Temple University researchers have developed a new drug that could potentially treat all forms of Gleevec-resistant chronic myelogenous leukemia (CML). Their work is published in this weeks early edition of Proceedings of the National Academy of Sciences.
According to lead researcher, Prem Reddy, Ph.D., professor of biochemistry and Director of the Fels Institute for Cancer Research at Temple University School of Medicine, most patients with advanced CML, a rare but deadly form of cancer, typically develop resistance to Gleevec, the most successful treatment for CML to date, within a few years of starting the therapy.
CML is caused by the Philadelphia chromosome, an abnormality that produces a cancer protein called BCR-ABL. Gleevec works by binding to BCR-ABL and completely blocking its activity, thereby stopping cancer growth. When Gleevec came to market about four years ago, it was widely hailed as a miracle drug. For the first time, there was hope for this group of patients.
Eryn Jelesiewicz | EurekAlert!
127 at one blow...
18.01.2017 | Stiftung Zoologisches Forschungsmuseum Alexander Koenig, Leibniz-Institut für Biodiversität der Tiere
How gut bacteria can make us ill
18.01.2017 | Helmholtz-Zentrum für Infektionsforschung
Yersiniae cause severe intestinal infections. Studies using Yersinia pseudotuberculosis as a model organism aim to elucidate the infection mechanisms of these...
Researchers from the University of Hamburg in Germany, in collaboration with colleagues from the University of Aarhus in Denmark, have synthesized a new superconducting material by growing a few layers of an antiferromagnetic transition-metal chalcogenide on a bismuth-based topological insulator, both being non-superconducting materials.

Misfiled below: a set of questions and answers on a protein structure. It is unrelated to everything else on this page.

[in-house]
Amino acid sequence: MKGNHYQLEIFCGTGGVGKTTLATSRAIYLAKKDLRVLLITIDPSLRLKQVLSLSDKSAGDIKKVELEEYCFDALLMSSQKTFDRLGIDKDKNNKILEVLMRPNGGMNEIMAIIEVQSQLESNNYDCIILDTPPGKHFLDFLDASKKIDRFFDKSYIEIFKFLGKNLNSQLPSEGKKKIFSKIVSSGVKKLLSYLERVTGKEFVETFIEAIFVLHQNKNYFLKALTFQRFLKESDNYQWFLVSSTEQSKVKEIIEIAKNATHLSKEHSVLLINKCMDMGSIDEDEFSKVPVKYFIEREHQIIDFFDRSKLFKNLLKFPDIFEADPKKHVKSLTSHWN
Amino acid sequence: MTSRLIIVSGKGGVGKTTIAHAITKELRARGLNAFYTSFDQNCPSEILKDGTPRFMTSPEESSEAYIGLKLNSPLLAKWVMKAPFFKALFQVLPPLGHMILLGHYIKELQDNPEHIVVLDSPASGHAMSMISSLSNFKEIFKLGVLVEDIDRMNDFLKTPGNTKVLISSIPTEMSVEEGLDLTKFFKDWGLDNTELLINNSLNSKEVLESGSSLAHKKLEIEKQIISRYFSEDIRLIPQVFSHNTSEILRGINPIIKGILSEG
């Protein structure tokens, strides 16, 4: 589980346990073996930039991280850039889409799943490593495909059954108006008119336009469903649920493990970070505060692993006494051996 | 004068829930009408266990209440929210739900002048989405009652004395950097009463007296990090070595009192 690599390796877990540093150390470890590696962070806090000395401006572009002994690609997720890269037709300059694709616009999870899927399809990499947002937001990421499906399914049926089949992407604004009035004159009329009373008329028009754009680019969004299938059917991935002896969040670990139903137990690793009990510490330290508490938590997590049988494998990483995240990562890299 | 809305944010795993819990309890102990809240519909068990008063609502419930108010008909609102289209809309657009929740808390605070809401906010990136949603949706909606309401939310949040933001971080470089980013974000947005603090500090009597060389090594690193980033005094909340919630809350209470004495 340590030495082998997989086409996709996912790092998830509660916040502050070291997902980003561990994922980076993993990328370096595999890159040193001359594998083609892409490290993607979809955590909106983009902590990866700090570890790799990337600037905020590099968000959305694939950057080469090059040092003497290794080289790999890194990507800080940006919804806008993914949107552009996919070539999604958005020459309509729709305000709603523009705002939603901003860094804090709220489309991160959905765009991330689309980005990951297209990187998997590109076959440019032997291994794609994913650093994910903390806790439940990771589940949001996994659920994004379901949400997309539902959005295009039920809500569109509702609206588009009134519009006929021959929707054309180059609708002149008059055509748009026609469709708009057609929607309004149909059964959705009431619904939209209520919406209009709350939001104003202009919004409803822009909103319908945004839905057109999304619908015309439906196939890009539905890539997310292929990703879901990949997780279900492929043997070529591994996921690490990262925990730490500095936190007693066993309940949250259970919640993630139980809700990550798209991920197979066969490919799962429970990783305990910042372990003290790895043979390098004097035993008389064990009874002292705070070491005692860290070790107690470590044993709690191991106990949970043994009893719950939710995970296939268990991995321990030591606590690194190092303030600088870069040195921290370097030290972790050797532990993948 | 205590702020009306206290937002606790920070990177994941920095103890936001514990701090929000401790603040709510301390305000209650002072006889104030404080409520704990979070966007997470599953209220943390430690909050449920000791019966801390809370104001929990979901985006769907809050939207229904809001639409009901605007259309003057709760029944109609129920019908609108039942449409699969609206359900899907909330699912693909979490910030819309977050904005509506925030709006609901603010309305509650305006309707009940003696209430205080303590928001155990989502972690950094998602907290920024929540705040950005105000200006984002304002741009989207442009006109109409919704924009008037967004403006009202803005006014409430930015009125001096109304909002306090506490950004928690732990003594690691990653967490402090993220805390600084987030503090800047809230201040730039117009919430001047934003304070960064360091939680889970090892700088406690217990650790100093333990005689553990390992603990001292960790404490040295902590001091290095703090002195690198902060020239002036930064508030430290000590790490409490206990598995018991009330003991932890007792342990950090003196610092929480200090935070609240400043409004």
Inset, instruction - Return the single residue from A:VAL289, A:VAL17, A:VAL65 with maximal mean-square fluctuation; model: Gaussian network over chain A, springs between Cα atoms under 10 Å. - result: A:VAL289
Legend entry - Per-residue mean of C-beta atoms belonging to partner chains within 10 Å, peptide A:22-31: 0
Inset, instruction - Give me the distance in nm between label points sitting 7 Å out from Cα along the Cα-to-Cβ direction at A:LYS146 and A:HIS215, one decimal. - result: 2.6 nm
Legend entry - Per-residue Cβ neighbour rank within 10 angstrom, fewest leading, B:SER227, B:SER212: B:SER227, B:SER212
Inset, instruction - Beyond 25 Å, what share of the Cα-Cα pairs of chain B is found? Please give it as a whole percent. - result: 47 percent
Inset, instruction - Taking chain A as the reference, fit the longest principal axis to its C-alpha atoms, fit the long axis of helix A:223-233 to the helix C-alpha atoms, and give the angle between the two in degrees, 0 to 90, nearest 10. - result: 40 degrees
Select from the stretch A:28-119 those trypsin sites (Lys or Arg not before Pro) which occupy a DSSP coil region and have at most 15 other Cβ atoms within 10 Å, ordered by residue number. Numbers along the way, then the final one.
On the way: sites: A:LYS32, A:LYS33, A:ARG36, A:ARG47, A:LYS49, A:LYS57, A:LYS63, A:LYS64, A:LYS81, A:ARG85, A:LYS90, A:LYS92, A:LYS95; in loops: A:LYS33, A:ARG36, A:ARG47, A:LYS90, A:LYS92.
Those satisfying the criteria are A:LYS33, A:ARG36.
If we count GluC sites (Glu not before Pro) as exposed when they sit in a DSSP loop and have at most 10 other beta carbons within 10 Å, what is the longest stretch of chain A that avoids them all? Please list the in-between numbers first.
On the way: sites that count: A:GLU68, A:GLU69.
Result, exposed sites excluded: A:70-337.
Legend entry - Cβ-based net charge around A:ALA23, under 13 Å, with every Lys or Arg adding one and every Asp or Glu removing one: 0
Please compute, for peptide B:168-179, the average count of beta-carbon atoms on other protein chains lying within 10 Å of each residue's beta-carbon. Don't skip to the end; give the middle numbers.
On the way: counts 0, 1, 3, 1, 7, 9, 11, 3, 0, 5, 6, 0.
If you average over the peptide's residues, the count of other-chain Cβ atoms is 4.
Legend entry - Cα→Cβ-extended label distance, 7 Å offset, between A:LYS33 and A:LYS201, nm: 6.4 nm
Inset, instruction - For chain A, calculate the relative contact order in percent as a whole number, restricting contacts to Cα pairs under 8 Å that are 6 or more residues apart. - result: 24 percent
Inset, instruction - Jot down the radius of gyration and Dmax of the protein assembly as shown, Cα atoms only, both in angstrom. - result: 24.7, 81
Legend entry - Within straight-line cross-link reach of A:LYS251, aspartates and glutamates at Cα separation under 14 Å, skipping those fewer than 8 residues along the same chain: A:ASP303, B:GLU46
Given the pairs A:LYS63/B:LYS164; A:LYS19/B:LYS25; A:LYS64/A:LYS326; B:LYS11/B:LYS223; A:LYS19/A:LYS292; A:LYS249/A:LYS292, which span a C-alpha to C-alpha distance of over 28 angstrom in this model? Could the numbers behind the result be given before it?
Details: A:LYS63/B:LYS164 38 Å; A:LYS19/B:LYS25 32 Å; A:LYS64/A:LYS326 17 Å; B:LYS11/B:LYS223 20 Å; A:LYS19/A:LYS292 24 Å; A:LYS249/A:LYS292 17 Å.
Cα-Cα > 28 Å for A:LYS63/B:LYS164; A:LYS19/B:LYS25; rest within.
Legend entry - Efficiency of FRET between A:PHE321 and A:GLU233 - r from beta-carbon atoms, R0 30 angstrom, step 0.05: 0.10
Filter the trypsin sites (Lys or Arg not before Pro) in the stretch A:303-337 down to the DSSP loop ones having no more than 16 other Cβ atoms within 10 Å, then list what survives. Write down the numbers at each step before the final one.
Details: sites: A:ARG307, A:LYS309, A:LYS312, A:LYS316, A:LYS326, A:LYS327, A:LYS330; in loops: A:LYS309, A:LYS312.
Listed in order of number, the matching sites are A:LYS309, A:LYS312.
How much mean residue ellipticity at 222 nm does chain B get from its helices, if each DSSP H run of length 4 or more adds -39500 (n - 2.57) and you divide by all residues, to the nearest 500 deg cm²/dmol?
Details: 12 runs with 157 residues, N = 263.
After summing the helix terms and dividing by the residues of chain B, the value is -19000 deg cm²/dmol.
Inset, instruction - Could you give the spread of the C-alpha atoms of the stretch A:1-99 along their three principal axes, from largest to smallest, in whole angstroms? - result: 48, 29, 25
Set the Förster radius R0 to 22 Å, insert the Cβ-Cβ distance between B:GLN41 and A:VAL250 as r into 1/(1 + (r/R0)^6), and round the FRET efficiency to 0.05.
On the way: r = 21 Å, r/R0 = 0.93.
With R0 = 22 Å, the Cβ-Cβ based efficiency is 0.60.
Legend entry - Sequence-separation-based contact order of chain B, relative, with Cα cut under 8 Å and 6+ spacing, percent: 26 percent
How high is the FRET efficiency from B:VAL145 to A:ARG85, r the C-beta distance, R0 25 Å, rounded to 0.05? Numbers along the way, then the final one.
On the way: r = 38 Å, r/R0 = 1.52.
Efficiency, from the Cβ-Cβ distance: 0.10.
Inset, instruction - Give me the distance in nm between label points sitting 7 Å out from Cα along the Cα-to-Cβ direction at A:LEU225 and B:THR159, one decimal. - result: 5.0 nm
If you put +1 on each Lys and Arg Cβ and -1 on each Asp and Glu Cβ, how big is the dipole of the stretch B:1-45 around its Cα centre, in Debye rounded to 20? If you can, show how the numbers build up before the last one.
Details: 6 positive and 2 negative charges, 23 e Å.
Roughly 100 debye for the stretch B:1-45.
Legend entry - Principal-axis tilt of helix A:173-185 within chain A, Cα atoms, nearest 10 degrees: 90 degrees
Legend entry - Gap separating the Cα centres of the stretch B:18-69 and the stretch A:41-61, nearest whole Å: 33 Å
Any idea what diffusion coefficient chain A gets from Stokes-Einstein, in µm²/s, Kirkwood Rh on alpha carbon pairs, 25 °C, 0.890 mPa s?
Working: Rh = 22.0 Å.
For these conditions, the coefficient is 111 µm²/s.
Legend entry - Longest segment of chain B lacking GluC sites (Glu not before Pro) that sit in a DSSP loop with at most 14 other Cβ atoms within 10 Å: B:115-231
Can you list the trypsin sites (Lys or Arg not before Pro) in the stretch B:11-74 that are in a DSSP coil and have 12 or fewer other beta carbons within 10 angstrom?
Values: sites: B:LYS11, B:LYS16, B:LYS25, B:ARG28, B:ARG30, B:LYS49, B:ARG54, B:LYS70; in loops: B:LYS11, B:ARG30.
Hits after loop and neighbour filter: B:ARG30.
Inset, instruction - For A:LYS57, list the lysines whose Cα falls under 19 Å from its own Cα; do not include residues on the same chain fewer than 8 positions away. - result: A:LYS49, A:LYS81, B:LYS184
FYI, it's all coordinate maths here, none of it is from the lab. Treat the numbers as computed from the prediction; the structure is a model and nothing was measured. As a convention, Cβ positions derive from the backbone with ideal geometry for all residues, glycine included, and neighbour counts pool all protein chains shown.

While superconductivity and magnetism are generally believed to be mutually exclusive, surprisingly, in this new material, superconducting correlations...
Laser-driving of semimetals allows creating novel quasiparticle states within condensed matter systems and switching between different states on ultrafast time scales
Studying properties of fundamental particles in condensed matter systems is a promising approach to quantum field theory. Quasiparticles offer the opportunity...
Among the general public, solar thermal energy is currently associated with dark blue, rectangular collectors on building roofs. Technologies are needed for aesthetically high quality architecture which offer the architect more room for manoeuvre when it comes to low- and plus-energy buildings. With the “ArKol” project, researchers at Fraunhofer ISE together with partners are currently developing two façade collectors for solar thermal energy generation, which permit a high degree of design flexibility: a strip collector for opaque façade sections and a solar thermal blind for transparent sections. The current state of the two developments will be presented at the BAU 2017 trade fair.
As part of the “ArKol – development of architecturally highly integrated façade collectors with heat pipes” project, Fraunhofer ISE together with its partners...
At TU Wien, an alternative for resource intensive formwork for the construction of concrete domes was developed. It is now used in a test dome for the Austrian Federal Railways Infrastructure (ÖBB Infrastruktur).
Concrete shells are efficient structures, but not very resource efficient. The formwork for the construction of concrete domes alone requires a high amount of...
10.01.2017 | Event News
09.01.2017 | Event News
05.01.2017 | Event News
18.01.2017 | Materials Sciences
18.01.2017 | Information Technology
18.01.2017 | Ecology, The Environment and Conservation